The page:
President Barack Obama will host exiled Tibetan spiritual leader the Dalai Lama at the White House Friday, despite a stern warning from China.
The White House said late Thursday that Obama is meeting the Dalai Lama "in his capacity as a respected religious and cultural leader."
A statement said the U.S. supports the Dalai Lama's so-called "middle way" approach of neither assimilation nor independence for Tibetans in China.
China's foreign ministry quickly urged the U.S. to cancel the meeting. Spokeswoman Hua Chunying warned of serious diplomatic repercussions.
"The Dalai is a political exile who has long used the cloak of religion to engage in anti-China, separatist activities. The United States' arrangement for its leader to meet the Dalai would be a gross interference in China's internal affairs and is a serious violation of the norms of international affairs. It will also seriously damage Sino-U.S. relations," said Hua.
China issued similar threats against the U.S. following meetings between Obama and the Dalai Lama in 2010 and 2011.
The visits did not significantly impact U.S.-China relations then, and analysts such as John Powers, an Asian studies professor at the Australian National University, said this upcoming meeting is unlikely to do so now.
"China goes through the same sort of routine about protesting regularly and interference in China's internal affairs and things keep going the same way. Nothing ever really happens," said Powers.
Powers told VOA the visits and subsequent Chinese response have become "formulaic," with China, the U.S., and the Dalai Lama neither greatly benefiting nor suffering from the process.
Nonetheless, many rights groups have said it is important for the meetings to continue, in order to keep up global awareness of China's treatment of Tibetans.
Since February 2009, more than 126 people have self-immolated in traditionally Tibetan areas of China to protest Beijing's policy in their homeland.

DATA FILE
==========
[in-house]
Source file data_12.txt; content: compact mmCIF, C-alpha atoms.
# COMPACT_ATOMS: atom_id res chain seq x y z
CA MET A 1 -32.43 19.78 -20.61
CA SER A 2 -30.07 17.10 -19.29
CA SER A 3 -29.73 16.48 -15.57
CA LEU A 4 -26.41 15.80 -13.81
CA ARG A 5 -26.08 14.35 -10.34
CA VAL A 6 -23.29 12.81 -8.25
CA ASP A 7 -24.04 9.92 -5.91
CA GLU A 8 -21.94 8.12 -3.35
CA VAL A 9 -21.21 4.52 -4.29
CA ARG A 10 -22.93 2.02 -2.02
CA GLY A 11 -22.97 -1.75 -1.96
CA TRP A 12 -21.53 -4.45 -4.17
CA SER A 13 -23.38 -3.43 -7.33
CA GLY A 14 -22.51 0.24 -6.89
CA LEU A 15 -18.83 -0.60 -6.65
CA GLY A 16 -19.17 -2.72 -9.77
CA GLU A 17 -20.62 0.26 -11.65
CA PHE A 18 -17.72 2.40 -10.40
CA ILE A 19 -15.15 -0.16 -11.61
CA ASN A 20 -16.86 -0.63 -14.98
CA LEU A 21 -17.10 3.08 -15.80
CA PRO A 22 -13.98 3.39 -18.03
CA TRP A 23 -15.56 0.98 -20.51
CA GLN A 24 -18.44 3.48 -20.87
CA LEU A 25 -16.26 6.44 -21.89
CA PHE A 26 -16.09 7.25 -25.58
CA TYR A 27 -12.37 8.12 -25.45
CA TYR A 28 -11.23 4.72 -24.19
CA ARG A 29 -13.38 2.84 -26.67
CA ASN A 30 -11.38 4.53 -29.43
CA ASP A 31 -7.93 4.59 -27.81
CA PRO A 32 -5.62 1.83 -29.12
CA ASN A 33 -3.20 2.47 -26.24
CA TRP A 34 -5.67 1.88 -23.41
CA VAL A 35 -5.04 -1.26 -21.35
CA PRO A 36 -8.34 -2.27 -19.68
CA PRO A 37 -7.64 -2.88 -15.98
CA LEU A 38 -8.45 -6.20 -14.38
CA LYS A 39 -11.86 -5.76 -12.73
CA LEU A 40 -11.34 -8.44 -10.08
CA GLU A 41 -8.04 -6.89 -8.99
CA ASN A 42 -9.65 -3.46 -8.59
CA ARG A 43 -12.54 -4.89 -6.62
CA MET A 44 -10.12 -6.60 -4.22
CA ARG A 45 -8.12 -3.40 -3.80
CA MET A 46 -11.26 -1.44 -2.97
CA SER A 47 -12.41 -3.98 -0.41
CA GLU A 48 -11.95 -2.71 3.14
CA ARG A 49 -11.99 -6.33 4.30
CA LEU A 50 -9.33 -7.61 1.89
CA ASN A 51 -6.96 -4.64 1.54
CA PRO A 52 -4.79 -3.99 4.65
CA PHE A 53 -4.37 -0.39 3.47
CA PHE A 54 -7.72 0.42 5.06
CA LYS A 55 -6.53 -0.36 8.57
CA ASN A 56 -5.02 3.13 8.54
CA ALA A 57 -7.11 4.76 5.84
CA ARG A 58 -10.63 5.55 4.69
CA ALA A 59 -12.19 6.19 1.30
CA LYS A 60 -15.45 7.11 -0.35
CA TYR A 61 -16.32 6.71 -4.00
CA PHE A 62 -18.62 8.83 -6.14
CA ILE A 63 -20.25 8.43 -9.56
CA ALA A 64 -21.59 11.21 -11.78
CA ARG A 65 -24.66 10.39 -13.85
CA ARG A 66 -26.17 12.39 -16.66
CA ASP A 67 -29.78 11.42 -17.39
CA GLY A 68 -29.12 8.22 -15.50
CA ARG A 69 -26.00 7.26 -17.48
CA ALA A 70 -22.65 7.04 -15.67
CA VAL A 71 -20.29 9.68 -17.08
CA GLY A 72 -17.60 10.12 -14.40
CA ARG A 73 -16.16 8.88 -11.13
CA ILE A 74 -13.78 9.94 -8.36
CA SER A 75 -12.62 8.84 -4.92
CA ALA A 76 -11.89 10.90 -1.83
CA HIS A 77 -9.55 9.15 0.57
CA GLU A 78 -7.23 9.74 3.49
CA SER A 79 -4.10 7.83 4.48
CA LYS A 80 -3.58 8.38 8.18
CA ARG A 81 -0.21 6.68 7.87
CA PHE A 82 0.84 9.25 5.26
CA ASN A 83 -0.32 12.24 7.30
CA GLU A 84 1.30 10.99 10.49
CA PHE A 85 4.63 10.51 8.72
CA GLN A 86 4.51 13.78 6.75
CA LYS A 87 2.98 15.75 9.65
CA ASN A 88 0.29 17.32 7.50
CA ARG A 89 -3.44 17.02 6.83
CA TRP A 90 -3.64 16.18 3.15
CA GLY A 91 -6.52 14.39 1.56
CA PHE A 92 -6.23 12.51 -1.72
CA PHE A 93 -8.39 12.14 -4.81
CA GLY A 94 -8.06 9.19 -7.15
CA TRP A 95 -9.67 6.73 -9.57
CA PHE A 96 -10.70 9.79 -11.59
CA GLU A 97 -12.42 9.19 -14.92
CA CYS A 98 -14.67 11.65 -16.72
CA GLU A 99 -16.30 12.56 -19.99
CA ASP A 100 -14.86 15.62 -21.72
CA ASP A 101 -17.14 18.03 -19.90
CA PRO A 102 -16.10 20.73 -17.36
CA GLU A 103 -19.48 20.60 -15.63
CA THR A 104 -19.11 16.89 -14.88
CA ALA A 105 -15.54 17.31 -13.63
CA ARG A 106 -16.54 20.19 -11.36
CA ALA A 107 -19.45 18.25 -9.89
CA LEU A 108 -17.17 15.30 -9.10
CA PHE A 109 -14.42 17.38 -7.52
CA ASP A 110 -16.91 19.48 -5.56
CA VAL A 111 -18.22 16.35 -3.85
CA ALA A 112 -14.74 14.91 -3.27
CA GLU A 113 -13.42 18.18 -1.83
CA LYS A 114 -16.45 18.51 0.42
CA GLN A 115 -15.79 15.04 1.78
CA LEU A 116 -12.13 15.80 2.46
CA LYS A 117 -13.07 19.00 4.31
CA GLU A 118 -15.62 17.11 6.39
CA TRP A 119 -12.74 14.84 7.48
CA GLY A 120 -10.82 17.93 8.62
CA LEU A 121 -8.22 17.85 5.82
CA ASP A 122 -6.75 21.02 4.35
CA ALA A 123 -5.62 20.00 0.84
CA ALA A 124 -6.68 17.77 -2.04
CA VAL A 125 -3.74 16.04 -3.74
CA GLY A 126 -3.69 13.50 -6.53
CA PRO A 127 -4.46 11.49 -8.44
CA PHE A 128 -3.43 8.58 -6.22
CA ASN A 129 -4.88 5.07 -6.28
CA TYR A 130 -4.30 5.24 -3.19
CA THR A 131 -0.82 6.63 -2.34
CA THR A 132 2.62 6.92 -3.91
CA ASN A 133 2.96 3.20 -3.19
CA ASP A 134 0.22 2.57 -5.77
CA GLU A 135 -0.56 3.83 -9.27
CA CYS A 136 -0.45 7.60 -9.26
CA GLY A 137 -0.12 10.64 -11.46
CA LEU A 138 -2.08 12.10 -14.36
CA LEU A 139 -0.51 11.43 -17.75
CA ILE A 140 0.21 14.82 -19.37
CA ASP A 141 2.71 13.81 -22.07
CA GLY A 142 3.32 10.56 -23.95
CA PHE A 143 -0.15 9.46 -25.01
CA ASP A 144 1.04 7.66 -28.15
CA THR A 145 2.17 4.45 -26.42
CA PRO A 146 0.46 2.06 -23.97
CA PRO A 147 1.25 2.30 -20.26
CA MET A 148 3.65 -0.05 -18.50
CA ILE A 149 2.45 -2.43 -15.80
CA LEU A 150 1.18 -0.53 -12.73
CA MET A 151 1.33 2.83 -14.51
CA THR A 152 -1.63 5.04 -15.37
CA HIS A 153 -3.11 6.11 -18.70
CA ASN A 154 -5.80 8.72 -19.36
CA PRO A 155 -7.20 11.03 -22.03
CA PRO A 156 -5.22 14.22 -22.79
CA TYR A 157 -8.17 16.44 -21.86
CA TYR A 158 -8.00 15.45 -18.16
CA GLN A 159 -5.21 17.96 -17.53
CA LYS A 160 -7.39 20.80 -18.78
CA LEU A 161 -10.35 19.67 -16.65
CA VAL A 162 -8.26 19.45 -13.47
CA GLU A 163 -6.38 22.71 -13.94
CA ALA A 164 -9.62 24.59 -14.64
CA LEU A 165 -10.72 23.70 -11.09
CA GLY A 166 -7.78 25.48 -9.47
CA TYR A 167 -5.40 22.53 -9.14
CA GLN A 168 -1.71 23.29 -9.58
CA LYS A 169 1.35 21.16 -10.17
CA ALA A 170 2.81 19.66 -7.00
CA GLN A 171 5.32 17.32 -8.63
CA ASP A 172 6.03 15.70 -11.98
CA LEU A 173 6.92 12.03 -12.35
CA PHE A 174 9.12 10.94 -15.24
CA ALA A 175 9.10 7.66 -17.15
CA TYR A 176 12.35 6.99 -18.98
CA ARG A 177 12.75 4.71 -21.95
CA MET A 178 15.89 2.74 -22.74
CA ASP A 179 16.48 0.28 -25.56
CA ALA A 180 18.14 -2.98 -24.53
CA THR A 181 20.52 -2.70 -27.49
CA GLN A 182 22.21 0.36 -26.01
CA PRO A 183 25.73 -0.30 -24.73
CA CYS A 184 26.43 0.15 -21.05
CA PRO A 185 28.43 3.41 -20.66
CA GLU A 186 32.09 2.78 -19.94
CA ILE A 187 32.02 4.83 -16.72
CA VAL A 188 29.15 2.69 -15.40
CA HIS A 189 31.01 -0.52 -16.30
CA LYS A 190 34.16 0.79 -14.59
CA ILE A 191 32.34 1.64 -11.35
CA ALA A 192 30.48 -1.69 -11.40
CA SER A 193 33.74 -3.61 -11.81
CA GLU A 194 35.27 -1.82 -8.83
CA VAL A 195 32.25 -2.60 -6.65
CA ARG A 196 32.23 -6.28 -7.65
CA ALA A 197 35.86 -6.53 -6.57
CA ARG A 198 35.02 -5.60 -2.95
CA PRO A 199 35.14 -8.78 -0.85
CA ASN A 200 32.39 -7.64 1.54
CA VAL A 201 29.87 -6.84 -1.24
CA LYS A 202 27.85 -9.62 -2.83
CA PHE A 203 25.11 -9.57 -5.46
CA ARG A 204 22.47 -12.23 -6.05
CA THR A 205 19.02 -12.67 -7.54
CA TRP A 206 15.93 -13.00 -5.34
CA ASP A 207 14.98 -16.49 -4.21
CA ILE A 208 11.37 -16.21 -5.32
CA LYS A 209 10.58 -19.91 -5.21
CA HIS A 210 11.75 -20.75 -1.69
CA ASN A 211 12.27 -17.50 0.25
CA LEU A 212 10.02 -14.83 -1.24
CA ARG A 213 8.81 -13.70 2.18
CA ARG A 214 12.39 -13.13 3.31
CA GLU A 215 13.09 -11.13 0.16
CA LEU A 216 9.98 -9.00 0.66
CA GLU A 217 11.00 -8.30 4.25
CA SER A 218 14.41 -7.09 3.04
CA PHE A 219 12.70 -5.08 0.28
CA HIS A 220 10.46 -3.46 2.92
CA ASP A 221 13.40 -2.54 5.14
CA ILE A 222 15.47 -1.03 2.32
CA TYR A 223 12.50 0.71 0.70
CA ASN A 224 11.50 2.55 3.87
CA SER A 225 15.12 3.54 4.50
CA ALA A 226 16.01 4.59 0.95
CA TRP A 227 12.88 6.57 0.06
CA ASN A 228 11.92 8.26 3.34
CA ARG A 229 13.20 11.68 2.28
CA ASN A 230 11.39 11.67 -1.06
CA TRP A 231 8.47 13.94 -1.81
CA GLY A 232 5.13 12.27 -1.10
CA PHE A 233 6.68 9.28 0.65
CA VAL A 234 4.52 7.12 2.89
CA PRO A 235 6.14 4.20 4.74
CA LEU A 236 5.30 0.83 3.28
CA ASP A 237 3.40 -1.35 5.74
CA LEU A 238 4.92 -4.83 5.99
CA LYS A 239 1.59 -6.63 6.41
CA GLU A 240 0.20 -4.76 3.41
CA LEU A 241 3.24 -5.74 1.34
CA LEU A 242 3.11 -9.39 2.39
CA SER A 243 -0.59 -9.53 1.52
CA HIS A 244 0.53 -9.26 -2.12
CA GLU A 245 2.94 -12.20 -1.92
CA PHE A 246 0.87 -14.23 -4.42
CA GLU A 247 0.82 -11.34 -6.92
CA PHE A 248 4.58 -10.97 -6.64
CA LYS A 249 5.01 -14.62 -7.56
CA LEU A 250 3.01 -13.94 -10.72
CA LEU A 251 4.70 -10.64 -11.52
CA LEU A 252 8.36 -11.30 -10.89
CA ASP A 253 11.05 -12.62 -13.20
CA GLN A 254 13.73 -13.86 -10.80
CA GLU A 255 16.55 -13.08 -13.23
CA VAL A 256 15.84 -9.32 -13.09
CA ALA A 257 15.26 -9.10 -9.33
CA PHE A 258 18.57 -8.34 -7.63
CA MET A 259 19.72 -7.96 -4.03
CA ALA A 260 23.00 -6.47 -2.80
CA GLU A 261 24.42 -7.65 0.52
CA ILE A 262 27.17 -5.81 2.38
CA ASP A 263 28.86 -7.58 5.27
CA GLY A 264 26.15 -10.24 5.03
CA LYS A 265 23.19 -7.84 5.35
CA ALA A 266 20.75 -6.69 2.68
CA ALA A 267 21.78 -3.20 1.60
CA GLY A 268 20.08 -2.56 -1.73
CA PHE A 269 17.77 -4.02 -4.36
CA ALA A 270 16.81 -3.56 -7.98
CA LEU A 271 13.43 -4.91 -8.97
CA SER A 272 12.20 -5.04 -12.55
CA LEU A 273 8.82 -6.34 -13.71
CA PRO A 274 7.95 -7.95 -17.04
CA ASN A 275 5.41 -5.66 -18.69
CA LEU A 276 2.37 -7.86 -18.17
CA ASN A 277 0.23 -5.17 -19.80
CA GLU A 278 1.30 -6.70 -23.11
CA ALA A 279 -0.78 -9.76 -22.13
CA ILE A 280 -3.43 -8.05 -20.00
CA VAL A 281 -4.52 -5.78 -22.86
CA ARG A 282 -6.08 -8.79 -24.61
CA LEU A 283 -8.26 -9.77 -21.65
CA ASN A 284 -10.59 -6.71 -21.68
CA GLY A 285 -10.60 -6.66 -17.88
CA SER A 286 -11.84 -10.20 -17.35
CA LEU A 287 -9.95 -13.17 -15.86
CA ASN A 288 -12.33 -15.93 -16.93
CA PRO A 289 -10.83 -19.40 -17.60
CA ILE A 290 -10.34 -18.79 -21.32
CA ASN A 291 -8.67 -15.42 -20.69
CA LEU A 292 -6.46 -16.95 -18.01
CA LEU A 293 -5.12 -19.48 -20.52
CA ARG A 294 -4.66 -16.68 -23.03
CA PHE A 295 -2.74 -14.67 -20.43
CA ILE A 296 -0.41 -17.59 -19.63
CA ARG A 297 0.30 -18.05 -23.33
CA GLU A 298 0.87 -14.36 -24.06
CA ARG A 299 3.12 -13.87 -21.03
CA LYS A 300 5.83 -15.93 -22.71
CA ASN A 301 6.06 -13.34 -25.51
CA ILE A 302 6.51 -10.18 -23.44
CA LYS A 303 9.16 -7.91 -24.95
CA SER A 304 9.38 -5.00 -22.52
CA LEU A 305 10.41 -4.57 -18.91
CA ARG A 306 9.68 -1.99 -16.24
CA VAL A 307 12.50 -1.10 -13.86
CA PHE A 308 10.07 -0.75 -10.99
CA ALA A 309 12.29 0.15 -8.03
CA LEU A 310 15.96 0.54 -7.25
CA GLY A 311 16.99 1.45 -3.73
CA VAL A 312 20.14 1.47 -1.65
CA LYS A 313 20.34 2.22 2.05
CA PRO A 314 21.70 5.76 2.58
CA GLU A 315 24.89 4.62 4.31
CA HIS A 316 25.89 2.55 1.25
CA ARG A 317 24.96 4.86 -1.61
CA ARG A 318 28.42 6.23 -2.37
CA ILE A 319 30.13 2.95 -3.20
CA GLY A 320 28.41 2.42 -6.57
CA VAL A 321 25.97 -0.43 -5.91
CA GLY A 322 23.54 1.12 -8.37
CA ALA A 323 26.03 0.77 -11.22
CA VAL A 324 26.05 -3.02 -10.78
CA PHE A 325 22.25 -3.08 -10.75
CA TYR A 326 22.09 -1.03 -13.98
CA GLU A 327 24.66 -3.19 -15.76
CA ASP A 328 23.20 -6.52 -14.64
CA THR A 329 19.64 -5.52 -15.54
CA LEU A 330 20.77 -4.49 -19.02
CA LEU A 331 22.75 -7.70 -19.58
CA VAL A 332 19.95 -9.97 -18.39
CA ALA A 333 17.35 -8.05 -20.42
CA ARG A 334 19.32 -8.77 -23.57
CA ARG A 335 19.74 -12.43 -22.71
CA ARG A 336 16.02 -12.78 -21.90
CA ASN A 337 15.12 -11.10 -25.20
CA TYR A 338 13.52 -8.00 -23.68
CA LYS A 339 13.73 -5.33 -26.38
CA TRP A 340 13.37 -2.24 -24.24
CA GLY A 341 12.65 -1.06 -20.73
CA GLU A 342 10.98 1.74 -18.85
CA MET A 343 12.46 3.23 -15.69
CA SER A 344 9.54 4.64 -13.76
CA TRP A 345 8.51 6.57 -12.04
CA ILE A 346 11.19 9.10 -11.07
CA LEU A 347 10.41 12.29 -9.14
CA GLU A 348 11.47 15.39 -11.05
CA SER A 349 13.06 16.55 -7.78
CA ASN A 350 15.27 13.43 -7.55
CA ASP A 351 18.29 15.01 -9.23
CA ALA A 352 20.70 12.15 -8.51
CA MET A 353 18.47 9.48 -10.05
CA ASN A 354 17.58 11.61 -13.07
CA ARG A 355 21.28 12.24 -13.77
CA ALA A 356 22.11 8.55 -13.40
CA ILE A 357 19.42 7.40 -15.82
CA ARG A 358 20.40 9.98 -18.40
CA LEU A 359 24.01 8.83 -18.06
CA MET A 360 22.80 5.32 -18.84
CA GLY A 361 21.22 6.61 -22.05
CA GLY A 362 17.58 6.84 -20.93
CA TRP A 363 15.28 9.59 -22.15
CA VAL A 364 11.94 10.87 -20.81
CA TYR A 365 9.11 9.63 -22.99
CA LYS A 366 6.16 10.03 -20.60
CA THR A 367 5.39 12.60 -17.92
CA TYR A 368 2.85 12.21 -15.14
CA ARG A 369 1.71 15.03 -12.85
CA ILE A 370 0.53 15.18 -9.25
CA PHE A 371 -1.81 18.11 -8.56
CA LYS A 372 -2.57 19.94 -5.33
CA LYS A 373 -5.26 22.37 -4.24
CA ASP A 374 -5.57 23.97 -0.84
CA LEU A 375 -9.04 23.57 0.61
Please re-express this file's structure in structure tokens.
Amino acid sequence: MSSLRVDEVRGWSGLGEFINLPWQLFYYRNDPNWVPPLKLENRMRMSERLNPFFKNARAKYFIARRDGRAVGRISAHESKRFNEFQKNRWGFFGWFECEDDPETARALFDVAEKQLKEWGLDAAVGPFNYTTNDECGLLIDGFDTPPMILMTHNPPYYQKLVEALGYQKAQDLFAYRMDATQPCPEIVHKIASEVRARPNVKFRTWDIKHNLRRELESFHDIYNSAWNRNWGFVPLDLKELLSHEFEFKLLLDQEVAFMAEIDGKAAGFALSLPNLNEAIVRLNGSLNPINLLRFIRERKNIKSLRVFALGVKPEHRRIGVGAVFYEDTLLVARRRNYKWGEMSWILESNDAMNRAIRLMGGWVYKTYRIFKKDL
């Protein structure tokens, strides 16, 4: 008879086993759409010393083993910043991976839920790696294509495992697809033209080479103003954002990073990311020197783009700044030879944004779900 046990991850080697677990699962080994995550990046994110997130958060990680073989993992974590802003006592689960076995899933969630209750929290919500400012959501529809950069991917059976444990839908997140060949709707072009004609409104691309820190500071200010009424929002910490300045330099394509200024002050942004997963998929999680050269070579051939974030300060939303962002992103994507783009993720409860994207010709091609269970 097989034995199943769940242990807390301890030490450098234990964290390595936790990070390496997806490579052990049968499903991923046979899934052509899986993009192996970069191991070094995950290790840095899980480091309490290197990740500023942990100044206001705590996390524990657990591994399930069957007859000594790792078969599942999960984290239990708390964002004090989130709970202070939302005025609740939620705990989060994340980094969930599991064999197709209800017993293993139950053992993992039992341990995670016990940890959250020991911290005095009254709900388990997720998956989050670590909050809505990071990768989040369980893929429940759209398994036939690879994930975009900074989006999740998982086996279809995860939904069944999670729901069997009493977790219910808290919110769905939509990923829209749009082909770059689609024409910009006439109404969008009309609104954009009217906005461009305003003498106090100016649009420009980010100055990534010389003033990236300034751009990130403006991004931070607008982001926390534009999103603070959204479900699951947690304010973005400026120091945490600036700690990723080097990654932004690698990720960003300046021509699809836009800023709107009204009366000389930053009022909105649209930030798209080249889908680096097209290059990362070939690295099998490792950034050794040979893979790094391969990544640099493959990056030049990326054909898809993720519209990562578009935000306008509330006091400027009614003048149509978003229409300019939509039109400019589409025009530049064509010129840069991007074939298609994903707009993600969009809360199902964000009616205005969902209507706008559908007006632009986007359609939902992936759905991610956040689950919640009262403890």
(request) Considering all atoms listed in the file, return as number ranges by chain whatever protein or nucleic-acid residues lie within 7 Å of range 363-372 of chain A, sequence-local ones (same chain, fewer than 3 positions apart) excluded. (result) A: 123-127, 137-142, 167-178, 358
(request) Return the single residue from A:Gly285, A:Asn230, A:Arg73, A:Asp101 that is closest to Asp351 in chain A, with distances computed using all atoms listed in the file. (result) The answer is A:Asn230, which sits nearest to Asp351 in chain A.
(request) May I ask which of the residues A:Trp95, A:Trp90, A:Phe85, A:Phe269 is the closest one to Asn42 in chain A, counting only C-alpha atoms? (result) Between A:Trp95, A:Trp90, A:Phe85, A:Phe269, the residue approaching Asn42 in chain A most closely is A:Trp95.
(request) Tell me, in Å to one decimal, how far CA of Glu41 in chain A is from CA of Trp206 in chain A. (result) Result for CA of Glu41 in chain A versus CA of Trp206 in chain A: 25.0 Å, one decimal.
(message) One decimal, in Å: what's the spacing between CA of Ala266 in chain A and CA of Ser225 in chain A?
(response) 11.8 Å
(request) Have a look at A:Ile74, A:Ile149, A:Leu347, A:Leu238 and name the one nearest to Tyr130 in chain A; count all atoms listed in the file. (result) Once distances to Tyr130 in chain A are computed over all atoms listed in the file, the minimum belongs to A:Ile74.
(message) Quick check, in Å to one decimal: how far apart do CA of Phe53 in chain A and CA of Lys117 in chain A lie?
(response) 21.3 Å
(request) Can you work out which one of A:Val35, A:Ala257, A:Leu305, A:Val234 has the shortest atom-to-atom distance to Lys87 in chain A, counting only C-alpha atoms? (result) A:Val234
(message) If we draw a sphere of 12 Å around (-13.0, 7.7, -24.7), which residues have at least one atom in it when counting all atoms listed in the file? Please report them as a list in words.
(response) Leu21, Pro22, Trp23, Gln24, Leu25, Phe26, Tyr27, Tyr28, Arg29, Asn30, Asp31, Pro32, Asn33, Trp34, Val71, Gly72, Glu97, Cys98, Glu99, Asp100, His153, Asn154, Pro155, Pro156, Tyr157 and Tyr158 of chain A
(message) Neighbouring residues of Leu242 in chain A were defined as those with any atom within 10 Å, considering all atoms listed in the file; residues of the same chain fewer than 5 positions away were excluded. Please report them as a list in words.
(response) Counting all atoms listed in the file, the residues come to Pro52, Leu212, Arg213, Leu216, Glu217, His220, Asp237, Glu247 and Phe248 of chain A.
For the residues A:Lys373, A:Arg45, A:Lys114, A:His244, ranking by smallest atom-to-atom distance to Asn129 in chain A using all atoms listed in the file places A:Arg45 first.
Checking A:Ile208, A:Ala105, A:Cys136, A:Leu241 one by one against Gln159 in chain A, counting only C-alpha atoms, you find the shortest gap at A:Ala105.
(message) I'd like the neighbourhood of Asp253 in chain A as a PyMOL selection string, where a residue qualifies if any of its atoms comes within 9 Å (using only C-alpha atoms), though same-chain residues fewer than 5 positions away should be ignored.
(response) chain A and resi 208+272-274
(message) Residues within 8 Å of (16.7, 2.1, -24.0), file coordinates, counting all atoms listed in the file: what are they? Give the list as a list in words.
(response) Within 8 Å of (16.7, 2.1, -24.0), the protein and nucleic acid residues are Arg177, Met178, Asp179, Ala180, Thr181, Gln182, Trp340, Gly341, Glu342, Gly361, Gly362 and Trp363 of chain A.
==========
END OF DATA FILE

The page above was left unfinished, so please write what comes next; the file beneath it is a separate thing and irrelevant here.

Beijing has said the Dalai Lama is responsible for the wave of self-immolations, which it views as terrorism.
While the Dalai Lama and the India-based Central Tibetan Administration are outspoken critics of China, they have discouraged the suicide protests.
Tashi Phuntsok of the Central Tibetan Administration told VOA the responsibility for unrest in Tibet lies with Chinese authorities.
"Why are Tibetans protesting or self-immolating? It's very simple. Tibetans in Tibet after nearly 60 years under China do not feel free and therefore they are against the repression. And the world sees [this] very clearly," said Phuntsok.
Phuntsok said the meeting is "good for Tibet" and represents a "strong endorsement" of the policies of the Dalai Lama, who officially retired from his political role three years ago.
The Britain-based Free Tibet said in a statement President Obama "deserves praise" for holding the meeting. It said China has "no right to tell the leaders of democratic countries that they cannot meet anyone, let alone a spiritual leader and Nobel-laureate who is one of the world's leading advocates for peace."
Many Tibetans in China accuse the government of a campaign of religious and cultural persecution, as the country's majority Han ethnic group continues to move into historically Tibetan areas.
China rejects that, saying Tibetans enjoy religious freedom. Beijing also points to huge ongoing investment it says has brought modernization and an increased standard of living to Tibet.